“We knew that the fuel for star formation had to come from somewhere. So far, however, we’ve detected only about 10 percent of what would be necessary to explain what we observe in many galaxies,” said Pisano. “A leading theory is that rivers of hydrogen — known as cold flows — may be ferrying hydrogen through intergalactic space, clandestinely fueling star formation. But this tenuous hydrogen has been simply too diffuse to detect, until now.”
Astronomers have discovered what could be a never-before-seen river of hydrogen flowing through space. This very faint, very tenuous filament of gas is streaming into the nearby galaxy NGC 6946 and may help explain how certain spiral galaxies keep up their steady pace of star formation.
Ref: D. J. Pisano. GREEN BANK TELESCOPE OBSERVATIONS OF LOW COLUMN DENSITY H I AROUND NGC 2997 AND NGC 6946. The Astronomical Journal, 2014; 147 (3): 48 DOI: 10.1088/0004-6256/147/3/48
Spiral galaxies, like our own Milky Way, typically maintain a rather tranquil but steady pace of star formation. Others, like NGC 6946, which is located approximately 22 million light-years from Earth on the border of the constellations Cepheus and Cygnus, are much more active, though less-so than more extreme starburst galaxies. This raises the question of what is fueling the sustained star formation in this and similar spiral galaxies.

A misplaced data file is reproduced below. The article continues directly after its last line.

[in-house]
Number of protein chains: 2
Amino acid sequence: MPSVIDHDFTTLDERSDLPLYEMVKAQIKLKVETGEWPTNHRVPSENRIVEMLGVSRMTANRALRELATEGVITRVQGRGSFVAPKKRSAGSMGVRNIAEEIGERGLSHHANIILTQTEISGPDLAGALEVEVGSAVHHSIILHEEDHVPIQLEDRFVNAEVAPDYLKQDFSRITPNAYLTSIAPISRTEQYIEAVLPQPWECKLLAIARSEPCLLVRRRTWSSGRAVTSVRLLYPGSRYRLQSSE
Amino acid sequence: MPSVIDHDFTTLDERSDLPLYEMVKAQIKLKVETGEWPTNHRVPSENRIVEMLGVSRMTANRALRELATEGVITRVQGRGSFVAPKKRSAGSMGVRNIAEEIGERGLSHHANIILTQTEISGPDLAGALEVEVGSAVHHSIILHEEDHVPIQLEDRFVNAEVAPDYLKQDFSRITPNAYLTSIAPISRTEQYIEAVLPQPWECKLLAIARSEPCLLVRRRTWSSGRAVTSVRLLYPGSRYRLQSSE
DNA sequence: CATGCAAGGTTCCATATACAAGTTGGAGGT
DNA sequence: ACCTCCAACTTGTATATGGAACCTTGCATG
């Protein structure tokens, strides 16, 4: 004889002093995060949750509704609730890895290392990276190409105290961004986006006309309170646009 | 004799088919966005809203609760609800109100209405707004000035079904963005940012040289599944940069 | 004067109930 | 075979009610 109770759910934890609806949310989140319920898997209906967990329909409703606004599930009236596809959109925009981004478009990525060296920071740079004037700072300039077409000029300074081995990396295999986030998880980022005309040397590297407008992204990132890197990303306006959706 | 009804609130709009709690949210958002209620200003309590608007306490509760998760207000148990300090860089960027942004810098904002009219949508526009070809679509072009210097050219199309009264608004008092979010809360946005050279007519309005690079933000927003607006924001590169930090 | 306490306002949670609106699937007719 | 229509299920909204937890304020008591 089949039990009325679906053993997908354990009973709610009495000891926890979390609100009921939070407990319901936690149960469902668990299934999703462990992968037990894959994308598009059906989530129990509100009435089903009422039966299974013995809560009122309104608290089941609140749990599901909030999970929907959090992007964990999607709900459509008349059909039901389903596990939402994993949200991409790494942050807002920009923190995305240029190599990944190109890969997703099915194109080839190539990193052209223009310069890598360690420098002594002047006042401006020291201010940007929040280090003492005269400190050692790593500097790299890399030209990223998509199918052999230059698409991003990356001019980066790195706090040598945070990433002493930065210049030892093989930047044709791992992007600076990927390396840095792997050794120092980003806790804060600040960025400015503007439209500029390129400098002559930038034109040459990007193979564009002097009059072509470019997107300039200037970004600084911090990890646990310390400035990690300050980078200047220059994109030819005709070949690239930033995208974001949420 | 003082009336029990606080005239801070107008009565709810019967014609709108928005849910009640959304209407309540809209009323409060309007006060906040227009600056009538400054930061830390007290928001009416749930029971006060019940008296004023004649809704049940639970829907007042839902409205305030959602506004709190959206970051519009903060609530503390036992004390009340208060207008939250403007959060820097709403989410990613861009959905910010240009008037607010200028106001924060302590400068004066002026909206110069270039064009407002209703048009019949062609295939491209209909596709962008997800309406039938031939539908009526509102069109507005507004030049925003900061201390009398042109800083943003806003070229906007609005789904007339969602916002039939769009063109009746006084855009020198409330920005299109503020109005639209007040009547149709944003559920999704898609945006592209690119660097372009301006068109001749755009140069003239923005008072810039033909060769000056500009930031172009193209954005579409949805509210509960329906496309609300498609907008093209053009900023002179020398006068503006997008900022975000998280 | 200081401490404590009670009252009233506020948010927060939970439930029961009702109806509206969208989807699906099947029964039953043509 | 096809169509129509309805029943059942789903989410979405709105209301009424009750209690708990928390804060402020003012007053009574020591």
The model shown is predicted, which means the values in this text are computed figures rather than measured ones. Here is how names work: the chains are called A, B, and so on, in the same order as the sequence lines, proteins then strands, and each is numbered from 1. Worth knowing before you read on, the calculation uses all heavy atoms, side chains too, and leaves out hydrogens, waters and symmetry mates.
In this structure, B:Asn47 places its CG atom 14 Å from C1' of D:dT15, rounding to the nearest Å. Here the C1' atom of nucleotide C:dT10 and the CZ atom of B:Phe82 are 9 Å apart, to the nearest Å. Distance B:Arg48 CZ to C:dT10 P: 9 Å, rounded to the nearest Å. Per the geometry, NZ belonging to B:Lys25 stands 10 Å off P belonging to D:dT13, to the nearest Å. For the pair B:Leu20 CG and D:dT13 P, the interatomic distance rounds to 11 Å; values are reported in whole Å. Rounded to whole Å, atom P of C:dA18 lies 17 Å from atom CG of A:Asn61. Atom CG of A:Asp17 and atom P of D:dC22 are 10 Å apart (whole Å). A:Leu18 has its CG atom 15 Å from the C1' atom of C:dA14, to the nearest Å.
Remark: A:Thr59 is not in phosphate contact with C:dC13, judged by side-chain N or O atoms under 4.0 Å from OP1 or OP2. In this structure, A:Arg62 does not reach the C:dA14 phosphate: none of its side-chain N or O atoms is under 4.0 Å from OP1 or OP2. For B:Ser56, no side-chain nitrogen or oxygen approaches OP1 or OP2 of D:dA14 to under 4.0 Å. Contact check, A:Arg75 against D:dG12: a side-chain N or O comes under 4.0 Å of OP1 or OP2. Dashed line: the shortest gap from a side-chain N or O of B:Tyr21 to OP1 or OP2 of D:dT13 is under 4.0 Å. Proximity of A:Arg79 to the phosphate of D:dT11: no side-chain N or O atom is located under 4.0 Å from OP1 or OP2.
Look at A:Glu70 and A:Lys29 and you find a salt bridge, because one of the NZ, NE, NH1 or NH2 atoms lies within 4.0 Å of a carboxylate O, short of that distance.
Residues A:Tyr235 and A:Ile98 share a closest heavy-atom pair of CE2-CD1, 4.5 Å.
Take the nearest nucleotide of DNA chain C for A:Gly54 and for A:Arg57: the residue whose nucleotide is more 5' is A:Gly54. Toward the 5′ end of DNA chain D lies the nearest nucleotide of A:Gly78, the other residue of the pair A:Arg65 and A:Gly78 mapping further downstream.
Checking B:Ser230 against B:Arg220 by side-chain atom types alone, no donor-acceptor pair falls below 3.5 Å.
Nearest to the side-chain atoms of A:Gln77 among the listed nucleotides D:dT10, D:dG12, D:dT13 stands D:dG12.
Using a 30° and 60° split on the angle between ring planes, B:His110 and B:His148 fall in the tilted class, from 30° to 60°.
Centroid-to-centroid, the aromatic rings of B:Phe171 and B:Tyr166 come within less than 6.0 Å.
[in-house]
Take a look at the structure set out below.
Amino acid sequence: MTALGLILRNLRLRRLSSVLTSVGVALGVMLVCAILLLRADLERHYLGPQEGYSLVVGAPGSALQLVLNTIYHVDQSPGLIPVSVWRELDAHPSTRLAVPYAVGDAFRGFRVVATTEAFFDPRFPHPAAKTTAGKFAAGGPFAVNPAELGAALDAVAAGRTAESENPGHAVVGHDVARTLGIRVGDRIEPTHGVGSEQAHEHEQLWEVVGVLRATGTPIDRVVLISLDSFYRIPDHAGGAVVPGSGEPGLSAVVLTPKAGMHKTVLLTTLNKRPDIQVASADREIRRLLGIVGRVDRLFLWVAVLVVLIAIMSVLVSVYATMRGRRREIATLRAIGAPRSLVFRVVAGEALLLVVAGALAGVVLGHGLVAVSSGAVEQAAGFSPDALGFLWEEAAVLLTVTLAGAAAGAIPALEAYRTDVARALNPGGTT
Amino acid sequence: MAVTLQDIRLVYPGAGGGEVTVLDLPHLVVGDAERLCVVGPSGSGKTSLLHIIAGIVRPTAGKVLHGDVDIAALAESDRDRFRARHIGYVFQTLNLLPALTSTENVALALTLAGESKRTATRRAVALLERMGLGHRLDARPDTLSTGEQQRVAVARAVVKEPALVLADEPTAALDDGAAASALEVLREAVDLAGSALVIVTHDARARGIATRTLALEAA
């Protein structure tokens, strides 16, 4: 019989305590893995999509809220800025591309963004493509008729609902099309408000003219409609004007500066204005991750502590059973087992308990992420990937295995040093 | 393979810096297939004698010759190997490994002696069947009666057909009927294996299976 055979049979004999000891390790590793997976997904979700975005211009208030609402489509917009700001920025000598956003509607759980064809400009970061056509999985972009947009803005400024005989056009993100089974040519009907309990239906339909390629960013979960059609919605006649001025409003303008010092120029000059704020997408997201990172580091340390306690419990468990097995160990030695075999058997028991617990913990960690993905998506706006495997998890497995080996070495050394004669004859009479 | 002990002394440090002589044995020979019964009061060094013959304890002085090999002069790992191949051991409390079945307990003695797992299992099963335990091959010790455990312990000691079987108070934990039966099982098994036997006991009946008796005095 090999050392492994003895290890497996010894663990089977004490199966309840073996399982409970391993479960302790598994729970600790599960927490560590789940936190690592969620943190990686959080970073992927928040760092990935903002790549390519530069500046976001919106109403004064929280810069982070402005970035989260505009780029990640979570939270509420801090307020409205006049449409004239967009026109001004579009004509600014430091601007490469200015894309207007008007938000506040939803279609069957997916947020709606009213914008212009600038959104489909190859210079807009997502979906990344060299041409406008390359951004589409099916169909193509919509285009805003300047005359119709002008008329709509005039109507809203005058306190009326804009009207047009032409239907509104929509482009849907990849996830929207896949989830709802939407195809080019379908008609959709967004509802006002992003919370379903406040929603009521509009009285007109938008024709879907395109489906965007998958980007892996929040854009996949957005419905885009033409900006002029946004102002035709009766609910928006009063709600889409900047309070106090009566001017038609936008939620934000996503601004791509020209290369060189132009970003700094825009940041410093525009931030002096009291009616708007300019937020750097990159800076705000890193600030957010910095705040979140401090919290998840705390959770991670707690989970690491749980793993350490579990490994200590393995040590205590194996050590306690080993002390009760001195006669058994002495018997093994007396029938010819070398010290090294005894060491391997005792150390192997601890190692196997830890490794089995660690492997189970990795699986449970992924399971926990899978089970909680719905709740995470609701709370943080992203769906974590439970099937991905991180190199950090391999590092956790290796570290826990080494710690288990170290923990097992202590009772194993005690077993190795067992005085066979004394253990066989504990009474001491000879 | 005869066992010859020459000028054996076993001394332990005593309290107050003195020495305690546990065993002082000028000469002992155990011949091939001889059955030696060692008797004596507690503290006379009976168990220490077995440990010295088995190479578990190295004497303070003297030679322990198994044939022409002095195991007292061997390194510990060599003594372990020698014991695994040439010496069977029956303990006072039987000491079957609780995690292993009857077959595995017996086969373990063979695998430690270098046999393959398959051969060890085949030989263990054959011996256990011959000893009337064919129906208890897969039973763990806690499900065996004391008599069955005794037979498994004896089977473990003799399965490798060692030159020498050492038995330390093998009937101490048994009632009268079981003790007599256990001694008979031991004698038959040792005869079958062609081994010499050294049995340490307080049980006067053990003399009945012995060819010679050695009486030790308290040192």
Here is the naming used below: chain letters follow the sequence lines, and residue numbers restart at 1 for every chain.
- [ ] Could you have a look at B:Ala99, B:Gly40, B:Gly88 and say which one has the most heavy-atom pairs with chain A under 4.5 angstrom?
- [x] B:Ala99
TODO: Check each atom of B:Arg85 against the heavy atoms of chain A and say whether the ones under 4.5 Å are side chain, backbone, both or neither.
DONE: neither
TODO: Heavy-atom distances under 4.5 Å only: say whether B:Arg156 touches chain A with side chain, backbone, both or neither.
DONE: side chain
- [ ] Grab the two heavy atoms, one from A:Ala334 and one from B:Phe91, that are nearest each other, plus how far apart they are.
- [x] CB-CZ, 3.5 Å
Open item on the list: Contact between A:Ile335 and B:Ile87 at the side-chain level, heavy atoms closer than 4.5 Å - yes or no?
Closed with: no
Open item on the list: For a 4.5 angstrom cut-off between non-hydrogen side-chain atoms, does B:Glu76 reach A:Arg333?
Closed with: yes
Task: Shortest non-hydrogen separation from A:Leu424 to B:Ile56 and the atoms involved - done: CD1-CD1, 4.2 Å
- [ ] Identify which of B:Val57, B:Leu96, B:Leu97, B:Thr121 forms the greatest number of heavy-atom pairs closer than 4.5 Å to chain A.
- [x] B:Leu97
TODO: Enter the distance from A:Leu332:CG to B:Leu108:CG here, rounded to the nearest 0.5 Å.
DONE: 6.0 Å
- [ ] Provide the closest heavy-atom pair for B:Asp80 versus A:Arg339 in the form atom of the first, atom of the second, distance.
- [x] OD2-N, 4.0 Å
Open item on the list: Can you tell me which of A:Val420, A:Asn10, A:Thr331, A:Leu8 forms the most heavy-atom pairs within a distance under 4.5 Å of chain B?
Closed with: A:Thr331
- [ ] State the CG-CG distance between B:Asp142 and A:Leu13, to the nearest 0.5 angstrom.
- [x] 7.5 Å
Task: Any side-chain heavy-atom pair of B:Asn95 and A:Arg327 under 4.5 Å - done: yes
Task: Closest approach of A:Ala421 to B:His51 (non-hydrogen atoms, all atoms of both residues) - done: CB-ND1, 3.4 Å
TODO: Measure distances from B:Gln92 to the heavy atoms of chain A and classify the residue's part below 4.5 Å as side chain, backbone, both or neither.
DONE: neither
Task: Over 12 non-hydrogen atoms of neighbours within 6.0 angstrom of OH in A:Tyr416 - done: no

It would seem that cold hydrogen is siphoned off one galaxy to feed star formation in another. In looking at NGC 6946, the GBT detected just the sort of filamentary structure that would be present in a cold flow, though there is another probable explanation for what has been observed. It’s also possible that sometime in the past this galaxy had a close encounter and passed by its neighbors, leaving a ribbon of neutral atomic hydrogen in its wake.